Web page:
“Holding Expectations Lightly” Dec 11, 2016
Matthew 11:2-11 What did you expect your life would be? What were your childhood or young adulthood dreams? Have they come to pass or do you live with longing or regret? In our book study discussion last week of Barbara Brown Taylor’s An Altar in the World, we talked a bit about unfulfilled dreams in the context of vocation. Some didn’t get the eduction they always wanted; others haven’t ended up with the family they expected; some career goals have gone unfulfilled and others are consciously using a kind of second chance to be more present and engaged with their families. Some people have a plan early on in their lives and manage to live it to the fullest. Others find themselves with lives they never expected or the life they planned and dreamed about didn’t bring the fulfillment or happiness they anticipated. Anticipation… Expectation… Hope… these are the primary themes of the Advent season that are exemplified in our Gospel story today.
On this third Sunday of Advent, John the Baptist once again steps onto the stage in our Gospel drama, if only for a moment. In Matthew’s Gospel, we first encounter John in chapter 3, when he suddenly appears in the wilderness proclaiming: “Repent, for the kingdom of heaven has come near.” He is something of a wild man, seemingly unafraid to confront leaders in the community as he prepares the way for, in his words: “one who is more powerful than I [who] is coming after me; I am not worthy to carry his sandals. He will baptize you with the Holy Spirit and fire. His winnowing fork is in his hand, and he will clear his threshing floor and will gather his wheat into the granary; but the chaff he will burn with unquenchable fire.” (3:11-12) It is a grand and powerful vision of what John expects is about to happen, and it inspires many. Its fulfillment starts off well as Jesus comes to be baptized and at the event the heavens open and a divine voice declares him God’s own Son. The kingdom of God is, indeed, at hand. Great and wonderful things are about to happen!
Then in chapter 4, Jesus hears that John has been arrested and withdraws to Galilee. There he takes up the mantle and proclaims the very same message we heard from John: “Repent, for the kingdom of heaven has come near.” Jesus calls disciples and begins preaching about this kingdom of heaven where the poor, the meek and the hungry are blessed. Jesus says he has come not to abolish the law or the prophets, but to fulfill them. Jesus strengthens and expands God’s teaching with the refrain, “You have heard that it was said… but I say to you…” He extolls the crowds to “love your enemies” and trust in God’s provision in ever greater and deeper ways. Jesus heals Jew and Gentile alike; dines with tax collectors and sinners; restores sight to the blind; and empowers his disciples to do the same.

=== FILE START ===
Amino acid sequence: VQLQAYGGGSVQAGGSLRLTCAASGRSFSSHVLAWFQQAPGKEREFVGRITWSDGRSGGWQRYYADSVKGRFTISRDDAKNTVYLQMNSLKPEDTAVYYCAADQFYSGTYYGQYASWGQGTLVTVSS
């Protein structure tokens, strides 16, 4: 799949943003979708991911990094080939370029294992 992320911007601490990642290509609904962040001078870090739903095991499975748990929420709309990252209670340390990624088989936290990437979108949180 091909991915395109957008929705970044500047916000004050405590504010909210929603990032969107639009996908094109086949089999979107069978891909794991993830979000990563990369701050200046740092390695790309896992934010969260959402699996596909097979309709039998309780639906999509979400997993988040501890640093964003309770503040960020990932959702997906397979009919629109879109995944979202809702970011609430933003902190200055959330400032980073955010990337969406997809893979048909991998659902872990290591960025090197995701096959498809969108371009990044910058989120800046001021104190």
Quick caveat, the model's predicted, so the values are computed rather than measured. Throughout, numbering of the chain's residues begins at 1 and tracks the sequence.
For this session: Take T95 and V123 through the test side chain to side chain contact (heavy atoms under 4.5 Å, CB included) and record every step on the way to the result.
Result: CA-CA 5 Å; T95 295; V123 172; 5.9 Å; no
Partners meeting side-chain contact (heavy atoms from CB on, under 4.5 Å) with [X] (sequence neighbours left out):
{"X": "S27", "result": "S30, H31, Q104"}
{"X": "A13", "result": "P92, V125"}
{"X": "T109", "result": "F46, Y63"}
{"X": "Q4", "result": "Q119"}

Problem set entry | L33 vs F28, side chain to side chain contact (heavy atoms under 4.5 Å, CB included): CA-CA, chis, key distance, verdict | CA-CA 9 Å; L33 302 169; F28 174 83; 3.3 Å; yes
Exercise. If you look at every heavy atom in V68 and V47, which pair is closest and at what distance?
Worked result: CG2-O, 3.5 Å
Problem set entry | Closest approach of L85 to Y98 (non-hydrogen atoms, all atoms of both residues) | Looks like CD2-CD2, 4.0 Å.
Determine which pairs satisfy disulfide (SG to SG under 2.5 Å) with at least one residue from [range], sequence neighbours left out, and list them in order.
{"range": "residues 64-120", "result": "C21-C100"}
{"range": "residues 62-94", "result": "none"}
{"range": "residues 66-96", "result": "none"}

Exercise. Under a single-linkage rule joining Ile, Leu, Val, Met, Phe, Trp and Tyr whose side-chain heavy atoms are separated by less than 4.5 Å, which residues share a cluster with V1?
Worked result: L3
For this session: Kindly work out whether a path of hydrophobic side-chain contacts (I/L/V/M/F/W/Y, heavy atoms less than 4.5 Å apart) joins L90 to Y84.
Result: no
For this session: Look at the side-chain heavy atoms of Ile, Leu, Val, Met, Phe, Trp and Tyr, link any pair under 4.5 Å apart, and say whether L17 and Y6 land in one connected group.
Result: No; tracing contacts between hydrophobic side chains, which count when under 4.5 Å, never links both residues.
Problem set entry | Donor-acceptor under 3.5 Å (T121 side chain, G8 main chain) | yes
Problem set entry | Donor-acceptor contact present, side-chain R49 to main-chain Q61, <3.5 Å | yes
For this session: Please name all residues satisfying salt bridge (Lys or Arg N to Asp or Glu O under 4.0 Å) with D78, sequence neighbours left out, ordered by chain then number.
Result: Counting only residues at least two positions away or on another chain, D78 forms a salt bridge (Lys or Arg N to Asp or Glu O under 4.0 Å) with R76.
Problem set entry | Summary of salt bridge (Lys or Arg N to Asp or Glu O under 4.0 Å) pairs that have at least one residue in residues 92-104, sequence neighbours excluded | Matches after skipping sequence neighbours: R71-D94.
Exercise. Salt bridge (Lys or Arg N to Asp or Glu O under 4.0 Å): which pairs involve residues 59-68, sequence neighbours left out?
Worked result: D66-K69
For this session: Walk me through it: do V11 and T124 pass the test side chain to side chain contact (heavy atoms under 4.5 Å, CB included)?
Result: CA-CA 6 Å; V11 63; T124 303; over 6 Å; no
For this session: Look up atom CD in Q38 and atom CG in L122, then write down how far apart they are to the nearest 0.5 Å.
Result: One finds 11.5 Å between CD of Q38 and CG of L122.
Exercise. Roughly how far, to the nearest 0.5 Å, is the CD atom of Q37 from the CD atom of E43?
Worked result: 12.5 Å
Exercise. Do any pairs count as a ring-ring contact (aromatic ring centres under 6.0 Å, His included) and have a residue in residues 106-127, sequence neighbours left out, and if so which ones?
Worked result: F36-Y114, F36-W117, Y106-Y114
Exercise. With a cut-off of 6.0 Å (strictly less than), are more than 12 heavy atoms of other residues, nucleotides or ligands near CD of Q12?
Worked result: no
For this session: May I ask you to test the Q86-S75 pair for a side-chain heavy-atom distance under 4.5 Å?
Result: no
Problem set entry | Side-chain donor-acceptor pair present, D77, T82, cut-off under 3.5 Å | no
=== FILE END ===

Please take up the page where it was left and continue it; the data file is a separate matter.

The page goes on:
All this news gets back to John in prison… and doubt begins to creep in. Jesus isn’t doing what John expected. John anticipated a powerful leader who would pronounce fiery judgement on the ills of the world, a “winnowing fork in his hand.” But the ‘deeds of Christ’ that Jesus has been busy doing in the past few chapters are acts of compassion, not the expected fiery judgement, and so “John backs off from his previous confidence.” (NIB, 266) Maybe John got it wrong and Jesus isn’t the one we’ve been waiting for? Rather than the dawn of faith, today we hear about the beginning of doubt and a confusion among Jesus’ followers that continues throughout the rest of the story and arguably into our present lives. Jesus does not live up to our expectations and we wonder what it all means. What are we to expect when God comes into our world?
In the face of his doubt, John doesn’t shrink back into himself or disappear into an imaginary story of his own creation. John recognizes that what he hears is actually happening on the ground doesn’t fit with what he expected. And rather than clinging to his expectation and either walking away, or dismissing Jesus as a fraud, or doing mental gymnastics to make what is reported fit with what he initially proclaimed, John chooses curiosity instead. John chooses to lean in, to ask a question, to engage with Jesus: “Are you the one who is to come, or are we to wait for another?”
Jesus’ response to John’s disciples likewise keeps them in the here and now: “Go and tell John what you hear and see…” and then Jesus recites a list of his compassionate deeds echoing words of prophecy from days gone by, like what we heard from Isaiah 35 today: “the eyes of the blind shall be opened, and the ears of the deaf unstopped… the lame shall leap like a deer…” and so on. John might have expected a fiery judgement… and we can understand why he might have hoped for it… but the work Jesus undertook was fulfillment of different promise and prophecy.